Right, but wait! There is more: the lunar surface is neither of those colors!

What Color Is The Moon’s Surface?

The Moon’s surface is not really gray, as you may expect if you ever saw NASA’s footage and photos from the Apollo missions and the more recent probes.

Apollo 11 moon landing
This photo was taken during NASA’s Apollo 11 moon landing. (Image credit: NASA).

Have you ever heard about the Mineral Moon?

At a very large scale, the lunar surface shows subtle colors that depend on the type and relative abundance of the minerals present. Areas rich in iron are reddish, while those rich in titanium are blue.

Mineral Moon
One of my mineral Moons.

These shades of colors are too faint to be seen at the naked eye, but we can easily boost them with particular editing techniques of lunar images, mainly image stacking and color saturation.

The higher the Moon is in the sky, the easier it is to make those subtle colors pop, as our atmosphere will not affect Moonlight much.

Okey dokey! So, the Moon looks white from space and gray if you stand on the Moon and look around. For us on Earth, it looks red-orange-yellow-white depending on its altitude in the sky. And on top of that, we can see red and blue patches depending on the lunar surface composition. Gotcha!

Yes, yes, but wait! We have not done yet: have you ever heard about the Blood Moon?

The Blood and Turquoise Moon

Until now, I told you the Moon shines because it reflects sunlight… for the most part. In reality, there is another light source very next to the Moon: Earth!

Earth has a planetary albedo of 0.030 – 0.035: this means that on average it reflects back into space 30-35% of the sunlight it receives. 

And this light is strong enough to illuminate the Moon, even if normally the faint Earthshine is easily overpowered by direct sunlight.

But you can easily photograph the earthshine immediately after or right before the new Moon when very little of the Moon is in direct sunlight.

Earthshine illuminating most of the Moon
Earthshine illuminating most of the Moon. Image Credit: @tlrichmond.

Now, this is very faint light but during a total lunar eclipse, the Earthshine is readily visible on the Moon. And this is not white sunlight and creates interesting colors.

During totality, the Moon looks red, commonly known as Blood Moon

Blood Moon
Blood Moon, from the eclipse of January 2019.

When this happens, Earth sits in between the Sun and the Moon, shadowing the Moon.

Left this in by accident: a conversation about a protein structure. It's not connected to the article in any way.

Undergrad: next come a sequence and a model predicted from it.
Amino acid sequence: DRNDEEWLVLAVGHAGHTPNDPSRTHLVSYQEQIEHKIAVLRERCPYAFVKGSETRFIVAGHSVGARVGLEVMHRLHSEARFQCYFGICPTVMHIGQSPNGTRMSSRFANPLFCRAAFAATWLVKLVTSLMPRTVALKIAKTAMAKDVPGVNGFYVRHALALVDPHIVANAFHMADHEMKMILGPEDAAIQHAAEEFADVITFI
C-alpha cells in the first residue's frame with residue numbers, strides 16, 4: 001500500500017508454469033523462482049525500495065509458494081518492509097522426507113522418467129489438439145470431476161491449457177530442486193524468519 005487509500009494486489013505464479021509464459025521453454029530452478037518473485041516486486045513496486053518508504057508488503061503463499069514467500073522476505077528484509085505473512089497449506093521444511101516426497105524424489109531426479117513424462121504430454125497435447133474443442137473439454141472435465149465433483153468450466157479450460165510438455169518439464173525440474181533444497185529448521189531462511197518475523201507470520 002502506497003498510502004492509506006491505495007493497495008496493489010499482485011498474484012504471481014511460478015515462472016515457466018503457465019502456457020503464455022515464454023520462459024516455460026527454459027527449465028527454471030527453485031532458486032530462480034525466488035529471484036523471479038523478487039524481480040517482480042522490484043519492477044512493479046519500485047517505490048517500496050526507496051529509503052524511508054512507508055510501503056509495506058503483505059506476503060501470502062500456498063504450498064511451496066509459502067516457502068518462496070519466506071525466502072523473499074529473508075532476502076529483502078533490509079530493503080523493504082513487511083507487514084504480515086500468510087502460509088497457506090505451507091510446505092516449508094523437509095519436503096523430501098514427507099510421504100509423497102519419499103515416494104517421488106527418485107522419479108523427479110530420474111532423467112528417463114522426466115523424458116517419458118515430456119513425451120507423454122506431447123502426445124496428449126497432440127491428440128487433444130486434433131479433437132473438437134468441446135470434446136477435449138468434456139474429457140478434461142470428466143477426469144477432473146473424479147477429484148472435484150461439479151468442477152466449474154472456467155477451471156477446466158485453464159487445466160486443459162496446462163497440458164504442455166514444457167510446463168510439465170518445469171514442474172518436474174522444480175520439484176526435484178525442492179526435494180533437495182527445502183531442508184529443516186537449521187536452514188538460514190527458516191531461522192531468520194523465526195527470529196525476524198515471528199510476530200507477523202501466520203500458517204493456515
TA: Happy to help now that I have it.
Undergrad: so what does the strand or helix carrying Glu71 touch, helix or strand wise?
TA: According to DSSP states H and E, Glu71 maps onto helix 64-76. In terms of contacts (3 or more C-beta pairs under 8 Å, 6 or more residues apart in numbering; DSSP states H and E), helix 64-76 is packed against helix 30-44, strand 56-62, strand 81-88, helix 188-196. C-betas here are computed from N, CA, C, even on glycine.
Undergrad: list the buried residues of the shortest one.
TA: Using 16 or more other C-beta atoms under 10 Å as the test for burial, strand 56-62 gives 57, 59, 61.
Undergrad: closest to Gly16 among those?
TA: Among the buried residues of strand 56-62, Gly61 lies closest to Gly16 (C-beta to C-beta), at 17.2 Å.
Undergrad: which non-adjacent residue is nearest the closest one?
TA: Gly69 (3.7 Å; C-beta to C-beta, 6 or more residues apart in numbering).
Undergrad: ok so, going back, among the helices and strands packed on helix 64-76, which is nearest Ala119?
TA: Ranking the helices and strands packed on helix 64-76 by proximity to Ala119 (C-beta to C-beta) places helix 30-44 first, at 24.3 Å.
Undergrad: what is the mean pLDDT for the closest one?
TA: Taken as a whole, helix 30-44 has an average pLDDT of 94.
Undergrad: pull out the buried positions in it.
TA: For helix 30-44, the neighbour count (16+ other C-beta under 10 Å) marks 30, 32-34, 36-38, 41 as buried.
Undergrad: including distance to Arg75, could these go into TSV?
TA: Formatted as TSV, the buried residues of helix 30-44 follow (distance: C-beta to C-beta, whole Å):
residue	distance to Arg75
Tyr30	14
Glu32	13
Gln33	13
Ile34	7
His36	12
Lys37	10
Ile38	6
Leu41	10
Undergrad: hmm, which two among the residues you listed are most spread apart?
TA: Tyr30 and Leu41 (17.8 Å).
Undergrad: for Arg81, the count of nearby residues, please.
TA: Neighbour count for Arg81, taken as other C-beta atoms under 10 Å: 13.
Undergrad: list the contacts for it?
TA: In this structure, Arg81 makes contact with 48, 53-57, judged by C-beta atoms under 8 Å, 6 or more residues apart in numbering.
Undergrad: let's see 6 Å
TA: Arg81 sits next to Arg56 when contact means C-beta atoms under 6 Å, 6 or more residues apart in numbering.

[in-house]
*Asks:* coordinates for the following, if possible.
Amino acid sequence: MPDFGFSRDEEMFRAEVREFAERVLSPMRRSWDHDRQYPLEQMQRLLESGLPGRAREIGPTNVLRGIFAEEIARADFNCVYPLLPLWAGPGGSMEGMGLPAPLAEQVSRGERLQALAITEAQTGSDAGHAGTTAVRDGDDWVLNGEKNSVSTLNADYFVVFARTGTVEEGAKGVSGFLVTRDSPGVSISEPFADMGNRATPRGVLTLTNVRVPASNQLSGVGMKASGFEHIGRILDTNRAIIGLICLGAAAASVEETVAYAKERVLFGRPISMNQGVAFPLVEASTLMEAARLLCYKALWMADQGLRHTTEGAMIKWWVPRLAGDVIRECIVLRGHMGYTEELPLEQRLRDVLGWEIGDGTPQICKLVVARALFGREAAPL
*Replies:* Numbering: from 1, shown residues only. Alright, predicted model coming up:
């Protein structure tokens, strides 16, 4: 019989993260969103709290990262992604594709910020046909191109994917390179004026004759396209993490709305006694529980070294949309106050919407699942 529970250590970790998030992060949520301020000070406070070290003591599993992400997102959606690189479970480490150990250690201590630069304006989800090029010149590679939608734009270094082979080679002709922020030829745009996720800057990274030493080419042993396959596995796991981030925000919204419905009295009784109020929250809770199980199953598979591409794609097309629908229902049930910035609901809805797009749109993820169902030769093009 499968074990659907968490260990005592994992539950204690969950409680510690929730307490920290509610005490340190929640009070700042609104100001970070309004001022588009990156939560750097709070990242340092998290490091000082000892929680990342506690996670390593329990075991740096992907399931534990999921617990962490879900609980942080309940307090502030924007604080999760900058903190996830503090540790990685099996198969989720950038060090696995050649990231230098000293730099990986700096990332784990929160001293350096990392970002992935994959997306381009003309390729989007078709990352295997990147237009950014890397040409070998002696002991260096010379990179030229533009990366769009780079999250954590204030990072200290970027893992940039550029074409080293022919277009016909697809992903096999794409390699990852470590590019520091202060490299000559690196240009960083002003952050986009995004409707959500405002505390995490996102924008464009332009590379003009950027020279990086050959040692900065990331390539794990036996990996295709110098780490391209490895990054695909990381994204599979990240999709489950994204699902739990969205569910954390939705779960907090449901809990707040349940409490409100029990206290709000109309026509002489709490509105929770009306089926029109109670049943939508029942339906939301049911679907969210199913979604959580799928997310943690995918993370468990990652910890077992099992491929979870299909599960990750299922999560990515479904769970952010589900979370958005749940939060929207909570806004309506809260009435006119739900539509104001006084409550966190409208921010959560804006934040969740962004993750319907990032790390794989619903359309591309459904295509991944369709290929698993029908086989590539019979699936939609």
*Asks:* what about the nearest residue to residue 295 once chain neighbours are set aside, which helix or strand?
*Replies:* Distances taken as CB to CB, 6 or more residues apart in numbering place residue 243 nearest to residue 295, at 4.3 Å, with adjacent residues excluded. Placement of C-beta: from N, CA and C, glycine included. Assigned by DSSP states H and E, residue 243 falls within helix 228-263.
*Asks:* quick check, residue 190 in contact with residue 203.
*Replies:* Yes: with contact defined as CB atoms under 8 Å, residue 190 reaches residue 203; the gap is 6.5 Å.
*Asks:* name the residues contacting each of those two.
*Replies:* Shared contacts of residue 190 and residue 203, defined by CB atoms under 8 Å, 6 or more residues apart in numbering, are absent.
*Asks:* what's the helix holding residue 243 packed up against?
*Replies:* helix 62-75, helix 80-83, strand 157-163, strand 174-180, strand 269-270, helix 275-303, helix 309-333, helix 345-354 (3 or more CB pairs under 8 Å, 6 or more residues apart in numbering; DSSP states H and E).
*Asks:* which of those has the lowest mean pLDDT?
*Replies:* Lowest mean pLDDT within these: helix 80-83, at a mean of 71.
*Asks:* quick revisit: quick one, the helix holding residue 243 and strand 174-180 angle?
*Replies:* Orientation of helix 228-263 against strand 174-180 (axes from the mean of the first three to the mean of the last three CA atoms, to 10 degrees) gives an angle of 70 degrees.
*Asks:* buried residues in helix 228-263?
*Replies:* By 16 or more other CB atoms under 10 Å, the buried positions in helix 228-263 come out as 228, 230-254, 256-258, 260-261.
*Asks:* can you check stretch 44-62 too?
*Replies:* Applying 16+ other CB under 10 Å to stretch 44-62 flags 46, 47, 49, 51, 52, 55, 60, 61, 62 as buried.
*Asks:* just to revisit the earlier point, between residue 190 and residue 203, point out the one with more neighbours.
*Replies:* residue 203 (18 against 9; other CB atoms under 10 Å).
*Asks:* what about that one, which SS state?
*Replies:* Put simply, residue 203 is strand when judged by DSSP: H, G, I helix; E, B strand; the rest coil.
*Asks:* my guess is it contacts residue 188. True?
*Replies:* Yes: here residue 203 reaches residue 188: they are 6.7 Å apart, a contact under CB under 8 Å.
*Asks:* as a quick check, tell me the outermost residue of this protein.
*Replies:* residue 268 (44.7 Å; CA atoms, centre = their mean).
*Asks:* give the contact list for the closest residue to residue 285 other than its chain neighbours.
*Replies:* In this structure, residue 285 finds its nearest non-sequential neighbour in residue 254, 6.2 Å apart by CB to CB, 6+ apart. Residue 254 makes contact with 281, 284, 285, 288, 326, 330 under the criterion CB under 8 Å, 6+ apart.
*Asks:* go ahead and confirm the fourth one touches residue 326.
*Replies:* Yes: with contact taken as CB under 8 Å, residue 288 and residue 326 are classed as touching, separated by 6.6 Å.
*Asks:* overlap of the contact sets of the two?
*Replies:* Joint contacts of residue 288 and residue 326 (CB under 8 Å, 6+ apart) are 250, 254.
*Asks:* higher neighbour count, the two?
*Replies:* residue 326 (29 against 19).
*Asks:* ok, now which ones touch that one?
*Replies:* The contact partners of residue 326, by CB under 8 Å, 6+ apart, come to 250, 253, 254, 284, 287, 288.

We already saw Earth’s stratosphere (the lower part of the Earth’s atmosphere) scatters and filters out the short-wavelength components of the white sunlight while letting pass the red component more. 

A Scheme illustrating why the Blood Moon is red.
Scheme illustrating why the Blood Moon is red. Image credit: Eggishorn, CC BY-SA 4.0 via Wikimedia Commons.

When the Moon enters Earth’s shadow (Umbra), the Earthshine illuminates the Moon with a red glow.

But right before totality, with the Moon not yet fully inside Earth’s shadow, another effect becomes visible: the turquoise effect.

Right before totality, a small portion of the redding Moon sits right at the edge of the Umbra, in what is called Penumbra.

Here, the Moon is illuminated by sunlight that passes not through the whole Earth’s atmosphere but just through the thin ozone layer above Earth’s stratosphere. 

And because the ozone layer absorbs red light, what reaches the Moon is a nice turquoise color.

Turquoise effect during the total lunar eclipse
I was able to photograph the turquoise effect during the total lunar eclipse of January 2019. 


I’m very happy I did this article: not only because it is an interesting topic but also, and foremost, because it is a clear demonstration of the intrinsic beauty of the Universe we can explore while trying to answer a seemingly simple and trivial question such as “What is the color of the Moon?”.

About Andrea Minoia

Andrea Minoia works as a researcher in a Belgian university by day and is a keen amateur astrophotographer by night.

He is most interested in deep sky photography with low budget equipment and in helping beginners along their journey under the stars.